“We applaud Congressman Garamendi and his fellow congressional members on their efforts to address one of the biggest, most dangerous problems facing the West,” said David Bischel, president of the California Forestry Association. “We can no longer continue to chase forest fires. It is not sustainable for our forests, watersheds, air quality, and wildlife. Large wildfires have put unnatural stress on our ecosystems, but with proper funding future damage can be mitigated with preventive treatments.”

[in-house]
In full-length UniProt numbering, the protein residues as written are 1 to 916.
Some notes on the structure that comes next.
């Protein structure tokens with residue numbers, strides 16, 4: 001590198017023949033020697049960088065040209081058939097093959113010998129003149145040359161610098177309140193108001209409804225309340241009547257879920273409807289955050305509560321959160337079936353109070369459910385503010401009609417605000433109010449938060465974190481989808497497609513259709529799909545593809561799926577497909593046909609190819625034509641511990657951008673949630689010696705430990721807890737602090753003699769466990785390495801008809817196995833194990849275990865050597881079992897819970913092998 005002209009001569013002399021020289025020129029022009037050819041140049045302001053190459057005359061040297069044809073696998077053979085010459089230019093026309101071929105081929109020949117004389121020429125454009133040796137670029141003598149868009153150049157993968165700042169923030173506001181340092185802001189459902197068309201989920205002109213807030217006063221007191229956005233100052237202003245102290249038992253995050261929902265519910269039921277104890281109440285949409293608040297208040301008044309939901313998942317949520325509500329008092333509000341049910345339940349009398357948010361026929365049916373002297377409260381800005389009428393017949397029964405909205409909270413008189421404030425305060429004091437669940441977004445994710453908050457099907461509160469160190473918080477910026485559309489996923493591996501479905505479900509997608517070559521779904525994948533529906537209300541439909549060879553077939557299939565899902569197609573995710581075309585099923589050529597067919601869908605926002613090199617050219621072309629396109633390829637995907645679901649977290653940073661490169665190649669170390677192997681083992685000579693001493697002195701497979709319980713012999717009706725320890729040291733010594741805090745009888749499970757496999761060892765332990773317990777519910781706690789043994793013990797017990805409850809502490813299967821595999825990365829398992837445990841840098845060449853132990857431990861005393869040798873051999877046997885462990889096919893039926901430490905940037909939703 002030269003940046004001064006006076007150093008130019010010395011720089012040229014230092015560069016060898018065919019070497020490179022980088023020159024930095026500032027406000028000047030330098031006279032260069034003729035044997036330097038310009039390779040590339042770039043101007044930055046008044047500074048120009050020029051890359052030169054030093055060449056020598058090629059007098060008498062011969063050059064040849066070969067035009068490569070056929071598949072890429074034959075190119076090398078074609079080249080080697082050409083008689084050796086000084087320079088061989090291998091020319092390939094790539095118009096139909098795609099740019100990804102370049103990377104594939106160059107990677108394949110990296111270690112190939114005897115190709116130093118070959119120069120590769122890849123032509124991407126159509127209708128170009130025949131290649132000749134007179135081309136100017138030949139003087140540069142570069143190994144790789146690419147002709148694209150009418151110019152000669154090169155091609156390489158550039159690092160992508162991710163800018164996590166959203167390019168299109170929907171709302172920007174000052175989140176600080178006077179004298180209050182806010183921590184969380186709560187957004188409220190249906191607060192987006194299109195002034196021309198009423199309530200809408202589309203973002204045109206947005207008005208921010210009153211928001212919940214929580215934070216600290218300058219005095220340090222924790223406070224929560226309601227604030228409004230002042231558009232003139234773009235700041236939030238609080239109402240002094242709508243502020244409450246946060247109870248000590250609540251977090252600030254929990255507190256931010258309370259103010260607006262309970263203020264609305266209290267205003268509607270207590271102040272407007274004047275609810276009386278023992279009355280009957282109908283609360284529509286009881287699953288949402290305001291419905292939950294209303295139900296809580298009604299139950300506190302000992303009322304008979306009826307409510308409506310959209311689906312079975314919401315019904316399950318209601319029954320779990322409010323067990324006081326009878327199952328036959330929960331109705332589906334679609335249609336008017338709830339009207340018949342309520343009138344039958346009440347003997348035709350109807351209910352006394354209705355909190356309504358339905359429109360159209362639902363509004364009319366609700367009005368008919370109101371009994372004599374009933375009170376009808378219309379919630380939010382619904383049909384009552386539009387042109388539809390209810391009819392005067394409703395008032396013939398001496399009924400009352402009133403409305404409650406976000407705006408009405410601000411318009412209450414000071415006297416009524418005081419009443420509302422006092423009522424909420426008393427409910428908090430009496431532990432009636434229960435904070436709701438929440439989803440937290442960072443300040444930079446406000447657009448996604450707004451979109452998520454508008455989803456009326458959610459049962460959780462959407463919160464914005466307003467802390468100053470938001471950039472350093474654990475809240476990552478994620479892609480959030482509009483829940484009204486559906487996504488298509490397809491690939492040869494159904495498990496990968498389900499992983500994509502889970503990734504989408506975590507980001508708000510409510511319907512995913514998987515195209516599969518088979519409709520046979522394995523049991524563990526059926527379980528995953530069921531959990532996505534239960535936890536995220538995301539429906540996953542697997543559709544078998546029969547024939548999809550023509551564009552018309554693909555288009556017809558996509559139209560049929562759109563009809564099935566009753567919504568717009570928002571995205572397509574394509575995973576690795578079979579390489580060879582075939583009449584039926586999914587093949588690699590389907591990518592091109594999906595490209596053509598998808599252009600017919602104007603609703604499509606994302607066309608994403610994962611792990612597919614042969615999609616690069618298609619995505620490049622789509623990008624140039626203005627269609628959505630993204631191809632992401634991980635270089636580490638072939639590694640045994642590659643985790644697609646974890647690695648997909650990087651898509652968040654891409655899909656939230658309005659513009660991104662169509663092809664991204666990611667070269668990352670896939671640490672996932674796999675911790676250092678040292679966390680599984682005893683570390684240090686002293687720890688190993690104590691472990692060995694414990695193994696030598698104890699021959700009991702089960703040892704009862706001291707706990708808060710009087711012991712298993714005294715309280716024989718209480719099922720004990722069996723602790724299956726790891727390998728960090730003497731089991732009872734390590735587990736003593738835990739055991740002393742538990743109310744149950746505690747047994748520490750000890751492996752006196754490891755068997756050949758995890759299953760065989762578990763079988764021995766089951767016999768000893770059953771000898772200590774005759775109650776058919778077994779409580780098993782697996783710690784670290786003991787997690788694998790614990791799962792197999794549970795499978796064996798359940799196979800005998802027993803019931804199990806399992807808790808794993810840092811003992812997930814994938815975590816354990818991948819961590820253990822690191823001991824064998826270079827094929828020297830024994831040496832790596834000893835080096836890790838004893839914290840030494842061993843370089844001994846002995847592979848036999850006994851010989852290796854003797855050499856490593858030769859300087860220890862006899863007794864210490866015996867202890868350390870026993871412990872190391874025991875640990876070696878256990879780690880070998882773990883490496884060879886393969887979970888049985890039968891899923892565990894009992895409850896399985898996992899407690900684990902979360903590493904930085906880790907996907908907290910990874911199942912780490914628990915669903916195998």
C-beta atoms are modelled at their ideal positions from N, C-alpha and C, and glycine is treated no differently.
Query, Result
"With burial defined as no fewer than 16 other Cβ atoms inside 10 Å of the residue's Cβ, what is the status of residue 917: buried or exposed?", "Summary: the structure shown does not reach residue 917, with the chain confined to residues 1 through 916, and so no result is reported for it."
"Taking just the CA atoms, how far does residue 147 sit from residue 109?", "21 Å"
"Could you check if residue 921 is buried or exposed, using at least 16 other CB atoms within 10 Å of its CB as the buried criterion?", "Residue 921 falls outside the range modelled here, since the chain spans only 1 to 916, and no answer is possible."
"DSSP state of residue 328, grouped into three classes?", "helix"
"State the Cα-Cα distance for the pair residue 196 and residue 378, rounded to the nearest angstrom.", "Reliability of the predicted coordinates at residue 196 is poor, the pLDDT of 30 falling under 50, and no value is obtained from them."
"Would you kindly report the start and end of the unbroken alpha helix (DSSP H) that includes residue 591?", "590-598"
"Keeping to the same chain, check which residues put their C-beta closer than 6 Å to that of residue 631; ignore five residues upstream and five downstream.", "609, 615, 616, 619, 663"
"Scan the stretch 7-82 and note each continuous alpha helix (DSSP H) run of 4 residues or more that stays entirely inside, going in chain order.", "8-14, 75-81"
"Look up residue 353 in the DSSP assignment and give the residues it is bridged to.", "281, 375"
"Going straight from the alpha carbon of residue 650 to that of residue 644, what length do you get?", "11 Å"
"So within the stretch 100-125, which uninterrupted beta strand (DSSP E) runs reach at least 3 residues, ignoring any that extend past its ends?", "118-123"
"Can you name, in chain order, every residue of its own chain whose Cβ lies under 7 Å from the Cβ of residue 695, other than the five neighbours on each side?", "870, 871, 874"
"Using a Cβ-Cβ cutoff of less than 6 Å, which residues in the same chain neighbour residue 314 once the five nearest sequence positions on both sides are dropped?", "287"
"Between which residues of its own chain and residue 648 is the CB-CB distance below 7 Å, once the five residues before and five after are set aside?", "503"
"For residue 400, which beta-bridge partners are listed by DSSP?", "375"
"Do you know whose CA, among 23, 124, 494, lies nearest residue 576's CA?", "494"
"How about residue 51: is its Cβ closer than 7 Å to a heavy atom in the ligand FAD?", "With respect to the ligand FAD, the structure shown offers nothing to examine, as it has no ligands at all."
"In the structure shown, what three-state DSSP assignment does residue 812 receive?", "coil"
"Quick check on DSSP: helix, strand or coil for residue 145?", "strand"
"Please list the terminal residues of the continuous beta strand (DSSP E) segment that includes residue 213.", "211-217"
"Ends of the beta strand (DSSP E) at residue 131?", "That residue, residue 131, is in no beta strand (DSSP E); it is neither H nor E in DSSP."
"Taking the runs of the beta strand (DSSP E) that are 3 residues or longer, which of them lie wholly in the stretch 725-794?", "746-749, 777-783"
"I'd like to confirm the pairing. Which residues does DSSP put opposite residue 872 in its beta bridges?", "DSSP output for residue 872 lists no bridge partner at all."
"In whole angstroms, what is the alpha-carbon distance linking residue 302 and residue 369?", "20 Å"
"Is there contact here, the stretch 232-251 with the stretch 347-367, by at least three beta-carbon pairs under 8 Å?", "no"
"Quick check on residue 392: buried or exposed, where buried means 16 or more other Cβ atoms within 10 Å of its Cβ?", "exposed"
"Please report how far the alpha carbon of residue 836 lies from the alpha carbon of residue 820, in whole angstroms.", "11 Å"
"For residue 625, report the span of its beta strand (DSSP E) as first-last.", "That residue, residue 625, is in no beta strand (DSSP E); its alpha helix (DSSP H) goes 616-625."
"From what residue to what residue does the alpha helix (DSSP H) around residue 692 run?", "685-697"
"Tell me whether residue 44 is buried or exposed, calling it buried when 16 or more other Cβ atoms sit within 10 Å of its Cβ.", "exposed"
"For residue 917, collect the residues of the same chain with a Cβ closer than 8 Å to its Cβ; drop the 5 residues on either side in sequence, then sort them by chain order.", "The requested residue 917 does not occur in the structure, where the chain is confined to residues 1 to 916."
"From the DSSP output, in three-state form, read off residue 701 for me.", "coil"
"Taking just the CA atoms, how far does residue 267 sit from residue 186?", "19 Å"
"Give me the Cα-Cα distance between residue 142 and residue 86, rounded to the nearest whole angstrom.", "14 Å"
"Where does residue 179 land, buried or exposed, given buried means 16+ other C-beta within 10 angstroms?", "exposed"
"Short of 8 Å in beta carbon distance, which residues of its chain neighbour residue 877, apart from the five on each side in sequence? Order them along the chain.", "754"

“Passing the bipartisan Wildfire Disaster Funding Act is one of the smartest actions members of Congress can take this year to help our national parks and federal public lands,” said Neal Desai, Pacific Region field director of the National Parks Conservation Association. “We thank Congressman Garamendi for his commitment to solving real problems facing our nation’s beloved national parks.”

“Research shows forest management restores the forests that support our lives and livelihoods. We need to invest in science-based restoration actions – including selective thinning and controlled burning,” said Ed Smith, forest ecologist for The Nature Conservancy of California. “This proactive restoration work is much safer and less costly than fighting fires reactively, and saves lives and property and benefits nature.”